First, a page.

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Allah, the Compassionate, the Merciful

Reader comment on item: Finally Getting Serious about Identifying Islamists?
in response to reader comment: Secularists in Egypt

Submitted by Michael S (United States), Jun 7, 2016 at 15:53

Hi, Dhimmino. You said,

"...the internet was the catalyst. Something is happening in the Muslim world and change is coming slowly as it should."

This is my view as well. I think this is the first time I've seen that stated so succinctly. A "catalyst" is something that overcomes an energy barrier by providing an alternate path for a reaction. Proteins, for example, are catalysts in that they hold reactants next to one another, like a vise and a pair of pliers, so they can be chemically combined -- much like in soldering two wires together. Those wires can then be joined irreversibly in a way that they would never have been joined by randomly throwing wires and solder together.

The key to catalysis, is that except for the barrier against reacting under ordinary, random conditions, the reactants (like the two pieces of wire) actually CAN join together under the right conditions. In the case of religion, the equivalent circumstance is that the people somewhere, down deep, WANT to know the truth. In their Islamic society, Egyptians have until now confronted social, religious and political barriers in their quest for the truth. The Internet offers them an opportunity to transcend those barriers. Once the wall is breached, so to speak, all things are possible -- for good or for evil.

I believe the single most powerful source of influence on the Internet that can change a Muslim, is exposure to some fairly clean translations of the Bible. In English, I prefer two:

http://quod.lib.umich.edu/k/kjv/ (King James Version, entire Bible) and
http://www.godrules.net/library/hebrewgreek/inter.htm (interlinear Hebrew and Greek with English translation, and links for each word to a dictionary).

There are certainly good Arabic sites as well; but since I don't know Arabic, I can't recommend any (You probably can). The value of the Bible over any propaganda or other means of communication, is that the it is of ancient standing (pre-dating Qur'an by hundreds of years), objective, disinterested and apolitical; and it provides input concerning every aspect of life and thought. No person, acadamy, govenment, religion or philosophy can cover all these bases.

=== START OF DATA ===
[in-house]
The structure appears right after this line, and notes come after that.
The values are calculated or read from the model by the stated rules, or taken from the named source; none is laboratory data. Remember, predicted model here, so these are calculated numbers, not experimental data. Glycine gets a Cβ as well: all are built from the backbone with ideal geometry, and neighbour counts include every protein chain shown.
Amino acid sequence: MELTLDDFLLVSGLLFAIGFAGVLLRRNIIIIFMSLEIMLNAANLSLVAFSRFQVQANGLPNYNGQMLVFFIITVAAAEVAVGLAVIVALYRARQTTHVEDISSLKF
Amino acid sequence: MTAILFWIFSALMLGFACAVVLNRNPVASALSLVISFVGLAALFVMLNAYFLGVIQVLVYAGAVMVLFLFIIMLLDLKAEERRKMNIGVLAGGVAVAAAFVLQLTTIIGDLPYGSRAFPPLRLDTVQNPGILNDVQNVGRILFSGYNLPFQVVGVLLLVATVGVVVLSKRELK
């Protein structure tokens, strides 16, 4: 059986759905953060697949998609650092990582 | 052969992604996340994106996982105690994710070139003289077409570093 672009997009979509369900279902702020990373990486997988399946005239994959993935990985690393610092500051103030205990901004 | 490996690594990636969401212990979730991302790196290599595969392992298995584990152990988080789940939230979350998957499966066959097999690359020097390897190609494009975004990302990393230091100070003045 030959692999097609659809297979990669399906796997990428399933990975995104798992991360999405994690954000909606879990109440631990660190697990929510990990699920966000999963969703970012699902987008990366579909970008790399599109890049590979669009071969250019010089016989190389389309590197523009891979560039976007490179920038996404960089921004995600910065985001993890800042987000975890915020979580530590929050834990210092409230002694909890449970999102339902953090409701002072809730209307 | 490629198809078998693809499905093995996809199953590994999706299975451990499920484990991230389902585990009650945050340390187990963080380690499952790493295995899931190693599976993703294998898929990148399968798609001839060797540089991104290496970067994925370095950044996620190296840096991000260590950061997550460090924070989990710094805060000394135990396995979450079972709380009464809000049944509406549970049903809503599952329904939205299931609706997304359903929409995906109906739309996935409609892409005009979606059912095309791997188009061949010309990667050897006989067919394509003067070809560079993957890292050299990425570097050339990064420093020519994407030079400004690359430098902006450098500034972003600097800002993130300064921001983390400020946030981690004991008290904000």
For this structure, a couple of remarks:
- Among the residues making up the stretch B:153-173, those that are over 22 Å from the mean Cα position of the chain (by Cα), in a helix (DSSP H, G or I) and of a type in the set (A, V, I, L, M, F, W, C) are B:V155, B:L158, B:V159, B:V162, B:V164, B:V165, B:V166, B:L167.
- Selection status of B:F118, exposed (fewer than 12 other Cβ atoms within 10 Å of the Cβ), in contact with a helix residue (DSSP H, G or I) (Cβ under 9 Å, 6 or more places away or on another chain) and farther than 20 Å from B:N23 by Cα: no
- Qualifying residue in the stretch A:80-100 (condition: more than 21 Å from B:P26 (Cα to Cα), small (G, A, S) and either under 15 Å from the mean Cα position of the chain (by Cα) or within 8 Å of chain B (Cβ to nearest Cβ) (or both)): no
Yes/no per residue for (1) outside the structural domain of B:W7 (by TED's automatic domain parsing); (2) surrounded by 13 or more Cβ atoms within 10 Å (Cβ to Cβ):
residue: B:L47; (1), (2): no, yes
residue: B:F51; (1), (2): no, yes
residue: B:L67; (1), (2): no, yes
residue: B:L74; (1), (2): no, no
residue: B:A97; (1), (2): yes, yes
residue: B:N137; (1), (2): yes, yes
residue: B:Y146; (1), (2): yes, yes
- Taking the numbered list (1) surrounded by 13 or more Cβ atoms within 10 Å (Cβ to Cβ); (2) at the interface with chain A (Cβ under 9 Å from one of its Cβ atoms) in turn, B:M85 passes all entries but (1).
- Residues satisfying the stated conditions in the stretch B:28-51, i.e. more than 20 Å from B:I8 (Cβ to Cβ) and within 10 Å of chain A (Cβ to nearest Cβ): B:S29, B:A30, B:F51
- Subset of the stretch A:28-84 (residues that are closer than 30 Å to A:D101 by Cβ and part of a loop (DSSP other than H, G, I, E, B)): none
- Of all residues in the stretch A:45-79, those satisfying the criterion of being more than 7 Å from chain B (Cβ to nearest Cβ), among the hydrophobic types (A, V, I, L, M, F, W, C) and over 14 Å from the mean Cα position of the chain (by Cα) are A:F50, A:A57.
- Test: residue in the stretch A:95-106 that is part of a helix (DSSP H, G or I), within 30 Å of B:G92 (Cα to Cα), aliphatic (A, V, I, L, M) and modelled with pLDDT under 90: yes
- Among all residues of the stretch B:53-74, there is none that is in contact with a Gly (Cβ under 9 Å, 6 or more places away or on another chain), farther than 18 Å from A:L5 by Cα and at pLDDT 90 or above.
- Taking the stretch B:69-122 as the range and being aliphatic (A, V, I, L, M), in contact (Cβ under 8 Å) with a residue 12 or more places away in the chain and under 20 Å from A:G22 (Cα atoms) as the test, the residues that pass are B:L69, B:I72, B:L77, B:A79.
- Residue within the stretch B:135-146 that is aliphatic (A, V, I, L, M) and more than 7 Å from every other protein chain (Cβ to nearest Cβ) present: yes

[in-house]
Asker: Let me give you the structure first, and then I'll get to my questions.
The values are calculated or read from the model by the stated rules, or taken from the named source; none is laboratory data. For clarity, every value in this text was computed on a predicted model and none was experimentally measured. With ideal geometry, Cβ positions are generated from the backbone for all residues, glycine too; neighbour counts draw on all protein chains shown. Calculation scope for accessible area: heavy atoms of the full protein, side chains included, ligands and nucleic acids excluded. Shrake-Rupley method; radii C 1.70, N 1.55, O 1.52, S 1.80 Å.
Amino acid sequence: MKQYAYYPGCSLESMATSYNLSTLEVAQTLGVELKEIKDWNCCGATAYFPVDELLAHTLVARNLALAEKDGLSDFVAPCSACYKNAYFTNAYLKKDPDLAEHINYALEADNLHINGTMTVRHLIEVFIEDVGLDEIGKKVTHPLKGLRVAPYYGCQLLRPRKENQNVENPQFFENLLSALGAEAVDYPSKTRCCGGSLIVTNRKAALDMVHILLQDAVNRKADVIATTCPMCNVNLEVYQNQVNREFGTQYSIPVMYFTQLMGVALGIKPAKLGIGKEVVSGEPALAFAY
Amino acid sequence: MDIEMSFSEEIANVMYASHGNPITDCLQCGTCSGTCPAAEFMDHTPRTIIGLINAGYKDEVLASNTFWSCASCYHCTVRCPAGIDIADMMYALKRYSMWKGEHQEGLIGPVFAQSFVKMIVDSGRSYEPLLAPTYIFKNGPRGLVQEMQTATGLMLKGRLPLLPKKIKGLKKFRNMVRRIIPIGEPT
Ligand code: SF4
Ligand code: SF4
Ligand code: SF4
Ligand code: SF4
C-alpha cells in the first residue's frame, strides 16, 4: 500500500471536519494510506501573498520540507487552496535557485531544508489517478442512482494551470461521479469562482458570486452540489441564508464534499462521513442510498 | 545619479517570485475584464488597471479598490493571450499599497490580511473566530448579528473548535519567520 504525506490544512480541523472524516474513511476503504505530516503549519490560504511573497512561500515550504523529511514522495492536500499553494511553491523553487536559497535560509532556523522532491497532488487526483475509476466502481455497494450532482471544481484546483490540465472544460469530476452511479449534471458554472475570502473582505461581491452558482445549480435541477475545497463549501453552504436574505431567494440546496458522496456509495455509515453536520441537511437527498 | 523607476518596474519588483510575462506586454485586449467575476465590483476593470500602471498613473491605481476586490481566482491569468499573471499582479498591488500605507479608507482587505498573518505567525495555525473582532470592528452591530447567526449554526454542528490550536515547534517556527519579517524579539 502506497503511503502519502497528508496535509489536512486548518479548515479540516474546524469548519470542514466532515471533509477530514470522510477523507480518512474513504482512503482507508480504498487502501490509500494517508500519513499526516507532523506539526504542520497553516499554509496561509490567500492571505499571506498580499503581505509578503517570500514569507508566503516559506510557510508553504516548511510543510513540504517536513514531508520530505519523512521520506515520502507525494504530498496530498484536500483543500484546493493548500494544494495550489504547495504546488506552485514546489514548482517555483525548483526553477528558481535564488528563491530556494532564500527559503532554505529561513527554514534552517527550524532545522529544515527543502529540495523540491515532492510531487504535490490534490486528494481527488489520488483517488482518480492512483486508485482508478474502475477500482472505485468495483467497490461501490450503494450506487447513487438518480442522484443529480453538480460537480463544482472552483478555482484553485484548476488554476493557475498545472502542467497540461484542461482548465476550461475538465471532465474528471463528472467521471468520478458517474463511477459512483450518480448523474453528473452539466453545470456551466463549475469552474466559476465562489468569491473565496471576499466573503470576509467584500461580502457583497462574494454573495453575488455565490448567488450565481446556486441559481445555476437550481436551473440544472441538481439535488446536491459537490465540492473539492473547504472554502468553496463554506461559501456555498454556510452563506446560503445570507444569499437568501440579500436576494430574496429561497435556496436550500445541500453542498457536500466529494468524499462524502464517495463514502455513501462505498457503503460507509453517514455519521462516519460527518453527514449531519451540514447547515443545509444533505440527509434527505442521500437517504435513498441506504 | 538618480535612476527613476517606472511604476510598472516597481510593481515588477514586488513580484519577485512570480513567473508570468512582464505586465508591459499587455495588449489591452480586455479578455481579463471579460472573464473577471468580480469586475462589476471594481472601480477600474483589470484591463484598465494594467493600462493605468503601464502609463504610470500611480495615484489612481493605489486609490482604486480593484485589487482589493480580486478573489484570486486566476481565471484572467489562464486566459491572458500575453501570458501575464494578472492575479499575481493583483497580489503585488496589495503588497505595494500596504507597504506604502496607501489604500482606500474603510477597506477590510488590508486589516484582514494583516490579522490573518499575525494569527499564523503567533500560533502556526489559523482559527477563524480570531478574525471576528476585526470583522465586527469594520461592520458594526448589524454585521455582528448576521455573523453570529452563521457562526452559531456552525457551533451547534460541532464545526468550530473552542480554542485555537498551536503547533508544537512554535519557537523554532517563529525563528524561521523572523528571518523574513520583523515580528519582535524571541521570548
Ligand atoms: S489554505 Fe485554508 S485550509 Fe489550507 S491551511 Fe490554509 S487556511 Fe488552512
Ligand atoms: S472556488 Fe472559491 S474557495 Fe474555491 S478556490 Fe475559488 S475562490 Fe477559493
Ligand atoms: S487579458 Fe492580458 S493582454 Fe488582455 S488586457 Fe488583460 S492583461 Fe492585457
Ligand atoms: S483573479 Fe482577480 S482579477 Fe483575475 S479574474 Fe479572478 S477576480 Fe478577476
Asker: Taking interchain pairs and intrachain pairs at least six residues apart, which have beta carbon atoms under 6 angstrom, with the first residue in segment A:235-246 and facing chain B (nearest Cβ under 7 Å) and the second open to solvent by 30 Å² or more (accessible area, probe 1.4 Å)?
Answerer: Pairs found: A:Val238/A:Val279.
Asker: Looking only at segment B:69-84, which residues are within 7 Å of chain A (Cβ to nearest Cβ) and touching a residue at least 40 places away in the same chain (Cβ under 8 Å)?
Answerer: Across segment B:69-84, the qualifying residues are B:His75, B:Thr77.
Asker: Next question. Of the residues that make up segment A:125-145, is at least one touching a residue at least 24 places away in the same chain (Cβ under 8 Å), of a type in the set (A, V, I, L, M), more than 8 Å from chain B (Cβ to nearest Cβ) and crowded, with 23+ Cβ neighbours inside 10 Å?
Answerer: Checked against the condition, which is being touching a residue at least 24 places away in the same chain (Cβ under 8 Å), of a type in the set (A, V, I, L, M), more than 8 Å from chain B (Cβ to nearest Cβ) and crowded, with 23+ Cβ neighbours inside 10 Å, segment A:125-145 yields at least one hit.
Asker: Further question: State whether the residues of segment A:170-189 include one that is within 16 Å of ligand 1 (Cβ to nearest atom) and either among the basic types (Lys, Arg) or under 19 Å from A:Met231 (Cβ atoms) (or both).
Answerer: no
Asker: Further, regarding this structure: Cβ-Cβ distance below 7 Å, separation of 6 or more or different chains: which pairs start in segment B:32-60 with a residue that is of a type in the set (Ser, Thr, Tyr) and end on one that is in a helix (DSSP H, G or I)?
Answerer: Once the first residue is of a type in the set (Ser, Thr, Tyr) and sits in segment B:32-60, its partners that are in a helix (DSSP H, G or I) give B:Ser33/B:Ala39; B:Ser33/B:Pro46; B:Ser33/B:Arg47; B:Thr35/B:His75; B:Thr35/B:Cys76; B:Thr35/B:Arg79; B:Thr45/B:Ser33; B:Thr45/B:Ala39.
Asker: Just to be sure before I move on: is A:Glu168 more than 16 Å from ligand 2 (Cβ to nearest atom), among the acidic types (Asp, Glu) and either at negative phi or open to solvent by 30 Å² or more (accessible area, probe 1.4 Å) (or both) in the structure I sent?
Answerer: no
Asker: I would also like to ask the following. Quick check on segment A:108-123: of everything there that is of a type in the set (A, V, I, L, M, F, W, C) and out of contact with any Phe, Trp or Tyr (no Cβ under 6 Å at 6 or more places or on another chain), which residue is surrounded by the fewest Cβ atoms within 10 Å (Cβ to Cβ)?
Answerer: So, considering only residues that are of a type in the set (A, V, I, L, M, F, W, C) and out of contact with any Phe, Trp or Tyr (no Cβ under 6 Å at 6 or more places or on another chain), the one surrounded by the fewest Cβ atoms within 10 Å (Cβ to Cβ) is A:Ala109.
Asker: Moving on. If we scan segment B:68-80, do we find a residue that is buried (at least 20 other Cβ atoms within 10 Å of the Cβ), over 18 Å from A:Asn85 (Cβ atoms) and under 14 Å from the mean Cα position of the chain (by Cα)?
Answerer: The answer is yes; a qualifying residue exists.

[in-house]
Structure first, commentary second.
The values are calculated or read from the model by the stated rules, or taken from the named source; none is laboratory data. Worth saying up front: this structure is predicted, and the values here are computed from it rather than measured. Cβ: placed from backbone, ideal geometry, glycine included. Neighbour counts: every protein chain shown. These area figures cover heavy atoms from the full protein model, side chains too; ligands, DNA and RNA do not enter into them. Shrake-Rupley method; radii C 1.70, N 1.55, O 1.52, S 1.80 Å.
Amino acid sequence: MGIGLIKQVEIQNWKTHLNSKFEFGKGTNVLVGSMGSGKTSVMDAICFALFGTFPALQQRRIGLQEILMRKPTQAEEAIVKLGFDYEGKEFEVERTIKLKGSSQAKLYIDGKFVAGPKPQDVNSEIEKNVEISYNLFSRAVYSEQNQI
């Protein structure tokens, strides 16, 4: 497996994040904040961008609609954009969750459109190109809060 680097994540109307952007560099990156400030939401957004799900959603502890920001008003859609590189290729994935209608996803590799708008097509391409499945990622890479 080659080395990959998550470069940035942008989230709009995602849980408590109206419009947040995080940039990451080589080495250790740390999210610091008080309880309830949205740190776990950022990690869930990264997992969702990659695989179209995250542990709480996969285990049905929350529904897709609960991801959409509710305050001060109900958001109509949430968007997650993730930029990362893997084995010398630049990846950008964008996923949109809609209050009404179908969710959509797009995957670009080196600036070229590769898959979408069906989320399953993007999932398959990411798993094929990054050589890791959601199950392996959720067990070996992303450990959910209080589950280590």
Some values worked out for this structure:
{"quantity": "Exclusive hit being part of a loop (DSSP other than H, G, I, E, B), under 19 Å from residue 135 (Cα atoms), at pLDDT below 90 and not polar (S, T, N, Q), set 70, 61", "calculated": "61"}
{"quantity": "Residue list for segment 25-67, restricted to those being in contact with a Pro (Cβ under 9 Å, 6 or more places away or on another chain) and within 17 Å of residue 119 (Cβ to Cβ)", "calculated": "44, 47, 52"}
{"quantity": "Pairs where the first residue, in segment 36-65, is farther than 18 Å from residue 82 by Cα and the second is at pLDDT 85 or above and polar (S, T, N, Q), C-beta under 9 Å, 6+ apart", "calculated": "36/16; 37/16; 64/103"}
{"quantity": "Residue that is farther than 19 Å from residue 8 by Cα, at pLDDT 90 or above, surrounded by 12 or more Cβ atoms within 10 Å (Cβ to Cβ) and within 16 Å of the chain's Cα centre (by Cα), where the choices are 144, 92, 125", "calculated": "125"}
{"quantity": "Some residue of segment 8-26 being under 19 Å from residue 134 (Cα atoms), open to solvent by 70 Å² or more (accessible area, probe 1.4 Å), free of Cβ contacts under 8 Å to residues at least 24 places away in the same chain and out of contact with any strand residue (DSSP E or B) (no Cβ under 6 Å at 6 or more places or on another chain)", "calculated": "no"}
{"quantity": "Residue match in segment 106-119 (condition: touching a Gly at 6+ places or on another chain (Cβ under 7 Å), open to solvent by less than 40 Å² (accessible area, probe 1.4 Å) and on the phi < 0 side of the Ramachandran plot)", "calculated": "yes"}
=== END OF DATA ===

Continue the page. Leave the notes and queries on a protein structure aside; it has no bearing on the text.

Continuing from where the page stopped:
What's more, the Bible is peerless: there is no other document like it, in the whole world. The Tao is not like it; the Thought of Chairman Mao Tse Tung is not like it; the Bhagavad Gita is not like it; the Kybalion is not like it; and Qur'an certainly is no match for it. Concerning Qur'an, it is the ramblings of one man at one time, compared with the Bible, which was penned by dozens of authors over a space of hundreds of years -- all of them in agreement about who God is, what he has done, and what his plans are for our lives. Qur'an can pique the curiosity of a Muslim, leading him on a quest for the truth; but only the Bible can deliver the truth he is seeking.

On the last point, you yourself know that Qur'an even upholds the Bible as the standard of truth: It says that Allah has given us TWO books, namely, Torah and Qur'an -- making them of equal validity. It also acknowledges Jesus as a true prophet, one whose words ought to be heard and heeded. If I were a Muslim, I would want to see Torah in its original Hebrew text; and I would want to see the sayings of Jesus as recorded by eyewitnesses. I also imagine that Muslims everywhere, repulsed by the blood and gore preached and done by their fellow-religioners, long to see "Allah, the Compassionate, the Merciful", which saying is repeated, word for word, over a hundred times in Qur'an.

Yes indeed, I imagine that thousands of Muslims are already secret believers, maybe millions. As more walls come crashing down, they will reveal themselves.

Shalom shalom :-)

Submitting....

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Note: Opinions expressed in comments are those of the authors alone and not necessarily those of Daniel Pipes. Original writing only, please. Comments are screened and in some cases edited before posting. Reasoned disagreement is welcome but not comments that are scurrilous, off-topic, commercial, disparaging religions, or otherwise inappropriate. For complete regulations, see the "Guidelines for Reader Comments".

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